Taxpayers Are Really Tea-ed Off
Tax Revolt: The Boston Tea Party helped free us from an oppressive king. This week's nationwide anti-stimulus tea party demonstrations have a tougher goal: ending the tyranny of big-spending politicians.
"If you want to stimulate the economy, you just need to reduce the taxes and regulations," Kansas real estate agent John Todd told the Wichita Eagle, explaining in the clearest terms why he is organizing one of 500 anti-stimulus "tea parties" to take place in cities and towns across America today, April 15, Tax Day.
What the tea parties aim to accomplish is really a much taller order than gaining independence from a tyrannical monarch and far-away parliament two centuries ago. They are trying to persuade Congress and the states to reject what comes perfectly naturally to them: the opportunity to fritter away a fortune in other people's money, and the idea that we should spend our way out of this economic downturn.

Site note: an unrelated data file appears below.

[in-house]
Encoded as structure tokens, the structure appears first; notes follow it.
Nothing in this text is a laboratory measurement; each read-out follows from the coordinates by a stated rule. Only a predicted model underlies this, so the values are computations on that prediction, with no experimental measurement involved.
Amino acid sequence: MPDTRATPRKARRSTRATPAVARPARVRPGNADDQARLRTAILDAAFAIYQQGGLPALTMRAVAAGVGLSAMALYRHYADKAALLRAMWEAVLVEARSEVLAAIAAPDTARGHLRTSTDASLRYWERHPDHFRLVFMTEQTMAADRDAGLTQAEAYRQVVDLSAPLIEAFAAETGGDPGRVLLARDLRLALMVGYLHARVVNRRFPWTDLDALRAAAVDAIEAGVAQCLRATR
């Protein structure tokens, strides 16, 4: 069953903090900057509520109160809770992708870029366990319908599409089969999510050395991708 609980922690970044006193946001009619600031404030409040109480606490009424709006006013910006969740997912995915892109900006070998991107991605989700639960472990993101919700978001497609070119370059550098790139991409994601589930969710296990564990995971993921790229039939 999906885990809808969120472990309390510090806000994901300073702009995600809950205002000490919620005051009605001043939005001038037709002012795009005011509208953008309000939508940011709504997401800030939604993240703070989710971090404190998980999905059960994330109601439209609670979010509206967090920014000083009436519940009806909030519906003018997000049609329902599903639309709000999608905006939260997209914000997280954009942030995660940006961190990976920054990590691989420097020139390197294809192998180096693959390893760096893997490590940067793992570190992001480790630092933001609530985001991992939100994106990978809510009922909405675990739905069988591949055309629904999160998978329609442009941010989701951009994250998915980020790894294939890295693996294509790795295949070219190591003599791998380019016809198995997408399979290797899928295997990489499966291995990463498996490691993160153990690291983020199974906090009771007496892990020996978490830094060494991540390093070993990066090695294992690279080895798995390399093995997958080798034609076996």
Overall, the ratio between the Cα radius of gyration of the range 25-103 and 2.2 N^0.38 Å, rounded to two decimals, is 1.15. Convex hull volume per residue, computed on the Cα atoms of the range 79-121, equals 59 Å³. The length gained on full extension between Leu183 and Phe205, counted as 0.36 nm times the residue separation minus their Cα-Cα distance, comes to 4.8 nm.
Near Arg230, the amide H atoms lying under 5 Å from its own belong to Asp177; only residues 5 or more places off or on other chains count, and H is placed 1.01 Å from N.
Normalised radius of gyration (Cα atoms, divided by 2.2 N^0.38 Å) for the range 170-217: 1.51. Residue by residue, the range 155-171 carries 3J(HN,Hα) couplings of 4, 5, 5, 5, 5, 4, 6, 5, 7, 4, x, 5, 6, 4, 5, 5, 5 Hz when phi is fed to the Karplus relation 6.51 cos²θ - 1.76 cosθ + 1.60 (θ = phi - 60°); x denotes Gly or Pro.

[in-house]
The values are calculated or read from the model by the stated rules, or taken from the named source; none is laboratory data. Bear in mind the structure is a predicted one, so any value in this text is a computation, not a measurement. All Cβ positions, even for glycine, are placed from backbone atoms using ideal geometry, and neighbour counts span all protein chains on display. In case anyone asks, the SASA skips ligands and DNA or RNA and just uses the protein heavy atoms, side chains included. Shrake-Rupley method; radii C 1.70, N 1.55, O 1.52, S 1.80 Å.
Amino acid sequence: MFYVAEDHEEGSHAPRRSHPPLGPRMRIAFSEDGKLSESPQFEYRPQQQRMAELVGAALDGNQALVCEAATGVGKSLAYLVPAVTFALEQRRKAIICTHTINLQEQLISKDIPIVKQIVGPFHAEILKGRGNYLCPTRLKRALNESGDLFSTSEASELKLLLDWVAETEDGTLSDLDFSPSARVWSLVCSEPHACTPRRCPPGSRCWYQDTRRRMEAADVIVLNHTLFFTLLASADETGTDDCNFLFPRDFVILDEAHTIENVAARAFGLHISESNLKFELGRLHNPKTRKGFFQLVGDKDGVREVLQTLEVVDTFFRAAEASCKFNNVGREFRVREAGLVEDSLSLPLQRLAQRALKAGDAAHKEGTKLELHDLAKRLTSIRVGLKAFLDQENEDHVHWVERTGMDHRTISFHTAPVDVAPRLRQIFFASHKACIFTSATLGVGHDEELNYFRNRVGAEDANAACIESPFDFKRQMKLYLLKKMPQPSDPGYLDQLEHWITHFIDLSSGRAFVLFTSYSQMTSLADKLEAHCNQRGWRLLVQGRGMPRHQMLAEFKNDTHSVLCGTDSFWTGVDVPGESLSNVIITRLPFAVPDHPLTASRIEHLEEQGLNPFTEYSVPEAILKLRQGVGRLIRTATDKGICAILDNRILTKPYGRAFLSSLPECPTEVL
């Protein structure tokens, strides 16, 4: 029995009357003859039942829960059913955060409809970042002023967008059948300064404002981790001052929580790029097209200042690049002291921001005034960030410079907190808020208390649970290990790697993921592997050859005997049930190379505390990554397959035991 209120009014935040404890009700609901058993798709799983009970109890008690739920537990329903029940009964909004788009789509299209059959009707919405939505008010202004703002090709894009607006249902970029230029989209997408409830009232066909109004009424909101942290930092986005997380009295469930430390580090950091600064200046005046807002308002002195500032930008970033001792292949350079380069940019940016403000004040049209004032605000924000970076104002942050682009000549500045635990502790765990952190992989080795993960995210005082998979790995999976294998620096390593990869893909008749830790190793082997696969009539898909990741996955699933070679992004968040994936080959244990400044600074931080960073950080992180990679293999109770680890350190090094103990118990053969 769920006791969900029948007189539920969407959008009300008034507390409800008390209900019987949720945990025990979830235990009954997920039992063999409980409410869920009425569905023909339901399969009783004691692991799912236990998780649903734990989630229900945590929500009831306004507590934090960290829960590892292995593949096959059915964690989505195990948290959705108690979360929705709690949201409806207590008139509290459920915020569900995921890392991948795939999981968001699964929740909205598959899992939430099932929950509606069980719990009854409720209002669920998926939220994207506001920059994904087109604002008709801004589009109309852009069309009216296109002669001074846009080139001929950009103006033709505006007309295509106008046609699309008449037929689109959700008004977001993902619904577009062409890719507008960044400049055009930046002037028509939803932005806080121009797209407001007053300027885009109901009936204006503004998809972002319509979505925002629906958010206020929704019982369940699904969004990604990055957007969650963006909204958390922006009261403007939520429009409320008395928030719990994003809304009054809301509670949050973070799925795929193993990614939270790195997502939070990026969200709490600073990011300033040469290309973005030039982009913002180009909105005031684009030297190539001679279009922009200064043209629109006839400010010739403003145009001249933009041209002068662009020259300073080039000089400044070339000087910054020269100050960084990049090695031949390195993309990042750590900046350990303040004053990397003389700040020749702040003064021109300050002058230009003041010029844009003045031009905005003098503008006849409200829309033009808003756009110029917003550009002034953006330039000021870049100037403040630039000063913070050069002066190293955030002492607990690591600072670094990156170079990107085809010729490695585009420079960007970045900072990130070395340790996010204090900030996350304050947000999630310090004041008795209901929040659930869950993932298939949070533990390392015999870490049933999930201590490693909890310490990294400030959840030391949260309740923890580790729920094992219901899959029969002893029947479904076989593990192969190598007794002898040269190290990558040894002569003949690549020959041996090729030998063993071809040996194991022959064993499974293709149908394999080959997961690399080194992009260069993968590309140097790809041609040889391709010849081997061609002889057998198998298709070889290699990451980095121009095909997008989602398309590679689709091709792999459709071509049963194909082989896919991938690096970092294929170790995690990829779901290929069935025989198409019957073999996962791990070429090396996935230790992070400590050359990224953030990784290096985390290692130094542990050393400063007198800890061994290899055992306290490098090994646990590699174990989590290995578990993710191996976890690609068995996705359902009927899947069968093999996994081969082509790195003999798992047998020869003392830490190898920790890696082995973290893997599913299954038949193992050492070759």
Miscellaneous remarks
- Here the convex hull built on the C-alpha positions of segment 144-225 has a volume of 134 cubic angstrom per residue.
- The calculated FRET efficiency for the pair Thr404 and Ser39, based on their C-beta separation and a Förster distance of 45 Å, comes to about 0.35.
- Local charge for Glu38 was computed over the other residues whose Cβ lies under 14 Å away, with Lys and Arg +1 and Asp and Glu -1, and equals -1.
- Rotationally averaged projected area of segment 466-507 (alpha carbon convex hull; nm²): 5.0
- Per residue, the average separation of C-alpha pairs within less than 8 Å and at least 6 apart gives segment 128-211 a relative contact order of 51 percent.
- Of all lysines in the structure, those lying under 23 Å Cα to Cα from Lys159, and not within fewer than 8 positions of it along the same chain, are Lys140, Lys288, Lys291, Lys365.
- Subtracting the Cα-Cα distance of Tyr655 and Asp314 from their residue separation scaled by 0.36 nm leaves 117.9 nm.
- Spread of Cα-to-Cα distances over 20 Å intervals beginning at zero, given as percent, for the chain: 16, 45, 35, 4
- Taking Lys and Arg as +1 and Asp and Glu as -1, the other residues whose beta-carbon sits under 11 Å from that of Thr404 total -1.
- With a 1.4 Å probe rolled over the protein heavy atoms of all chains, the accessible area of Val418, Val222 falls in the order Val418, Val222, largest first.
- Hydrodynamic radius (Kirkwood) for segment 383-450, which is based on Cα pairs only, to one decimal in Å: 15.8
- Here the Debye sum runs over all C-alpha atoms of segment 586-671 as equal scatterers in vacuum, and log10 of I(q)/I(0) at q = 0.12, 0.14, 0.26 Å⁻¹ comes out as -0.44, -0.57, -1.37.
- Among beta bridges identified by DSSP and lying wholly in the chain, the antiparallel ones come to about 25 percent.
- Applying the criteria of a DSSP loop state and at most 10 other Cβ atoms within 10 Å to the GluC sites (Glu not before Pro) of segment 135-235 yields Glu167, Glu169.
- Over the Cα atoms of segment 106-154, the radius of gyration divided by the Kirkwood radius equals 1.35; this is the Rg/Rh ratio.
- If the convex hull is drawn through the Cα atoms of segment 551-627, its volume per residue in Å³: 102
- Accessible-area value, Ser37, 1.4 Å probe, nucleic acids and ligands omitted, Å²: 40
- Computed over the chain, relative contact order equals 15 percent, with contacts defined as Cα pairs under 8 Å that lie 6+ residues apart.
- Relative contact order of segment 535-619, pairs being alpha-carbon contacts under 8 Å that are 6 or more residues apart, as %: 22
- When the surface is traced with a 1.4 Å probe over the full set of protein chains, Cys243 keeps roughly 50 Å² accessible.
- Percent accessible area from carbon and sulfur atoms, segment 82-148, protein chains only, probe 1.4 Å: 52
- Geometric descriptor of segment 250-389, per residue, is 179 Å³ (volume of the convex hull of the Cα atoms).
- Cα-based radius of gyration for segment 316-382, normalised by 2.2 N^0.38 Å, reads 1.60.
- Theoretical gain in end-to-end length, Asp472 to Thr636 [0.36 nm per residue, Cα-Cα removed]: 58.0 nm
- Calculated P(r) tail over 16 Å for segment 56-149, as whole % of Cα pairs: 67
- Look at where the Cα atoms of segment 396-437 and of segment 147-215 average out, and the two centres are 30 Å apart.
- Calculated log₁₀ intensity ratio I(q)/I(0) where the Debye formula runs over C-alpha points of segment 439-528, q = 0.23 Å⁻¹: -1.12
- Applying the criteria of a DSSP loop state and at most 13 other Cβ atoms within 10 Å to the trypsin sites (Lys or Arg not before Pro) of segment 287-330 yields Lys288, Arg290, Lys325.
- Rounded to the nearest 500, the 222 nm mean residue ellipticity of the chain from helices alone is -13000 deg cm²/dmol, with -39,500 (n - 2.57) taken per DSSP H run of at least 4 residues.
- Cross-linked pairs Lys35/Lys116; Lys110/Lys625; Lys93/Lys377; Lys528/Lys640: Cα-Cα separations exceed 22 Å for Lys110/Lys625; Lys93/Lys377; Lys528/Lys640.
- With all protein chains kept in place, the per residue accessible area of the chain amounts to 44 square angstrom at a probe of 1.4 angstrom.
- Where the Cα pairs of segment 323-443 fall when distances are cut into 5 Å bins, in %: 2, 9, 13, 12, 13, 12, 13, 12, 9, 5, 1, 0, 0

See related WSJ editorial today "Tax Day Becomes Protest Day: How the tea parties could change American politics," by Glenn Reynolds, here's an excerpt:
What's most striking about the tea-party movement is that most of the organizers haven't ever organized, or even participated, in a protest rally before. General disgust has drawn a lot of people off the sidelines and into the political arena, and they are already planning for political action after today.MP: Given the national taxpayer outrage and foul mood this week about big-spending politicians, imagine if they went to the voting polls this week, or even this month?
Unfortunately, taxpayer outrage about Big Government usually coincides closely with Tax Day in April, which is way far away from Voting Day in November. As the graphic above shows, it's been 162 days since we last voted in November 2008, and it will be 202 days before the next election, so Tax Day and Voting Day are almost as far apart as two recurring annual dates can be.
Here's an idea: Move Tax Day and Voting Day much closer together, like perhaps in the same month or same week, instead of being about 6 months apart. Couldn't we vote in April or pay taxes in November?